A quick note on the start of the holiday shopping season. Three elements are apparent:
1) Data shows a (slightly) softer start to the season;
2) Discounting is everywhere;
3) Credit Card usage is up significantly.
This has not started out significantly better than last year. Indeed, according to ShopperTrak, sales for Black Friday actually fell 0.9 percent over last year, to $8.01 billion. At the same time, Visa reported that credit card use had surged 13.9 percent.
Was the drop due to increased discounting so early? Or, do consumers simply have that much less cash in their pockets — due primarily to higher energy prices and reduced cash out refis? Perhaps a combination of facotrs explains this.
Of course, a single data point does not make a trend. There is still plenty of time for Retailers to recover, and this may end up a decent season. But so far, initial data is not exactly encouraging that we will see a robust shopping season.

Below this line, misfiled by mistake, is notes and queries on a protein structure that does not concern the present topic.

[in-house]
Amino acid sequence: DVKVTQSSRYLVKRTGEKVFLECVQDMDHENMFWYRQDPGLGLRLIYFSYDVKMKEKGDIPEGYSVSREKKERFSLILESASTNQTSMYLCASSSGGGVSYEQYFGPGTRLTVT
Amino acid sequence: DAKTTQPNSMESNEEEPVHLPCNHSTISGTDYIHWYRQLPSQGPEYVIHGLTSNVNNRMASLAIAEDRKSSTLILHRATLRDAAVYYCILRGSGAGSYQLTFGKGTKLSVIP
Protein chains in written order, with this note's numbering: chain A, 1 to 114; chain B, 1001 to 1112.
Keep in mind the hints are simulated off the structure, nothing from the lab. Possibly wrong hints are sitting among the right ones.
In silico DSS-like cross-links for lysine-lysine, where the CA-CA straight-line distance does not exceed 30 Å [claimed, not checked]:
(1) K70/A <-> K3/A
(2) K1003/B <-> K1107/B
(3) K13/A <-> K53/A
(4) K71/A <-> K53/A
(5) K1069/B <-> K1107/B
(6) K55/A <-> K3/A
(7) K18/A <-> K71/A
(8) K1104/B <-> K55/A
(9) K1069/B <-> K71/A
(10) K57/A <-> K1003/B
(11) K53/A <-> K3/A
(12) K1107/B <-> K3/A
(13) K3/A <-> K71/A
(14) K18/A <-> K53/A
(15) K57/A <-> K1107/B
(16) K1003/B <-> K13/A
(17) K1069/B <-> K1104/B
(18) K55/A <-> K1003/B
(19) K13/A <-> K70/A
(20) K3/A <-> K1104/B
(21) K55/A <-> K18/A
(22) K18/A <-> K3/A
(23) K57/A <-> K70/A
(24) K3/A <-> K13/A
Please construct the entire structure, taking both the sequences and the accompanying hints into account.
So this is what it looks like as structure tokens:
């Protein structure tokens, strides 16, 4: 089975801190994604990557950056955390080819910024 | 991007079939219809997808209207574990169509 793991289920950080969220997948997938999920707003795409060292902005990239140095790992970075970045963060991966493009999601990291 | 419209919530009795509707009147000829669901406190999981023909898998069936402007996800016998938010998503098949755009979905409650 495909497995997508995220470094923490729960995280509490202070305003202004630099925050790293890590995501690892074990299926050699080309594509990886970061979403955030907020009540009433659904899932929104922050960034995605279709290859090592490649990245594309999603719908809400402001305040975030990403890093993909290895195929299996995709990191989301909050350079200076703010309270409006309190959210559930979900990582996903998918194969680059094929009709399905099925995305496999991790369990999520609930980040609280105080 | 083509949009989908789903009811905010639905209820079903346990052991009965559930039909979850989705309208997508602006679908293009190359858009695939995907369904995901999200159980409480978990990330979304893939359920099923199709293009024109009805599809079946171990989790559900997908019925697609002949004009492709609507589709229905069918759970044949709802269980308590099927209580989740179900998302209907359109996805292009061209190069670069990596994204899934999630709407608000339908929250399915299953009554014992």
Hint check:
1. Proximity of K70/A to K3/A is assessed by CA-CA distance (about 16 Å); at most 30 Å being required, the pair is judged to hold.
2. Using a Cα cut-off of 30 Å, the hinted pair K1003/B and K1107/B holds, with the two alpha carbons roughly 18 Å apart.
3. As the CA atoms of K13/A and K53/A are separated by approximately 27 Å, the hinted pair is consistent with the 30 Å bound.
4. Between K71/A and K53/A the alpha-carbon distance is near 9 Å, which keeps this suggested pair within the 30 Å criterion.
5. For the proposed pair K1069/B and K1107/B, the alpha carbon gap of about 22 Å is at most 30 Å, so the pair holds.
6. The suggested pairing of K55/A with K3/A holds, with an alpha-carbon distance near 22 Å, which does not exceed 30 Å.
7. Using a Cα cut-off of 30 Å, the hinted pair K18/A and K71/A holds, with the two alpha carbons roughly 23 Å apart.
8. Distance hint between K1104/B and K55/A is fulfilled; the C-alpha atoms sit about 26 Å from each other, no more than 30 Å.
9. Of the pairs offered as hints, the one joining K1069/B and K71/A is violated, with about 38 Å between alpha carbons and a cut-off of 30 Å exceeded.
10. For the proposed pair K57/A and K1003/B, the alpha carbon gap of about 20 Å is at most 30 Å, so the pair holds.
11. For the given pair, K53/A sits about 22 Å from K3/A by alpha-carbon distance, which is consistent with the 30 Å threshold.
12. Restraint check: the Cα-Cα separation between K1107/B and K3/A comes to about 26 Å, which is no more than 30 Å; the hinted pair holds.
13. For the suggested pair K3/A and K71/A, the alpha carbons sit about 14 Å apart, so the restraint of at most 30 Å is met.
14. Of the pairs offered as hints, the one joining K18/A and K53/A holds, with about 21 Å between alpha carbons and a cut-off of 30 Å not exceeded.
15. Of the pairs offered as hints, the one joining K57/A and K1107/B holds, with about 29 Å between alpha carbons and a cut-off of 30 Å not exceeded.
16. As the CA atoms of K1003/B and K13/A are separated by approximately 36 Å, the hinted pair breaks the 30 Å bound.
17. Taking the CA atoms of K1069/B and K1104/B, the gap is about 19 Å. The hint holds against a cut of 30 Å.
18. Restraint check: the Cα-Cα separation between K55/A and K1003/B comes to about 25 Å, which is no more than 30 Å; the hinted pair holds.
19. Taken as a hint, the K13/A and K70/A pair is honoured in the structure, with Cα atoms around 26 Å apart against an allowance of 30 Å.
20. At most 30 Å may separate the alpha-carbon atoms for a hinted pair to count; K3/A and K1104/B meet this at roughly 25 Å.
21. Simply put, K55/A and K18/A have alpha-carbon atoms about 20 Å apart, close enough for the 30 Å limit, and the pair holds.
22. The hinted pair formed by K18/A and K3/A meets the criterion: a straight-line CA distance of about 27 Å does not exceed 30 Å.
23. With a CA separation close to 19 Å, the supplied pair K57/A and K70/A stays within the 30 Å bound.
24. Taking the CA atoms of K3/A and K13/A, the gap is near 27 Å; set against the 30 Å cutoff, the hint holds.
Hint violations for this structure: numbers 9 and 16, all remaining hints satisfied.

The bottom line is early discounting, weaker shopping and increased reliance on credit cannot be spun positively. Perhaps my more recent optimism — still on the low side for most of Wall Street — was misplaced. My earlier expectations that the consumer is nearly shopped out seems to be very much coming to fruition.
Behind Early Shopping Frenzy: Big Deals, Worries About Season
ANN ZIMMERMAN, AMY MERRICK and ELLEN BYRON
THE WALL STREET JOURNAL, November 26, 2005; Page A1
Initial Reports Are Mixed for Retail’s Busiest Day
NYT, November 27, 2005
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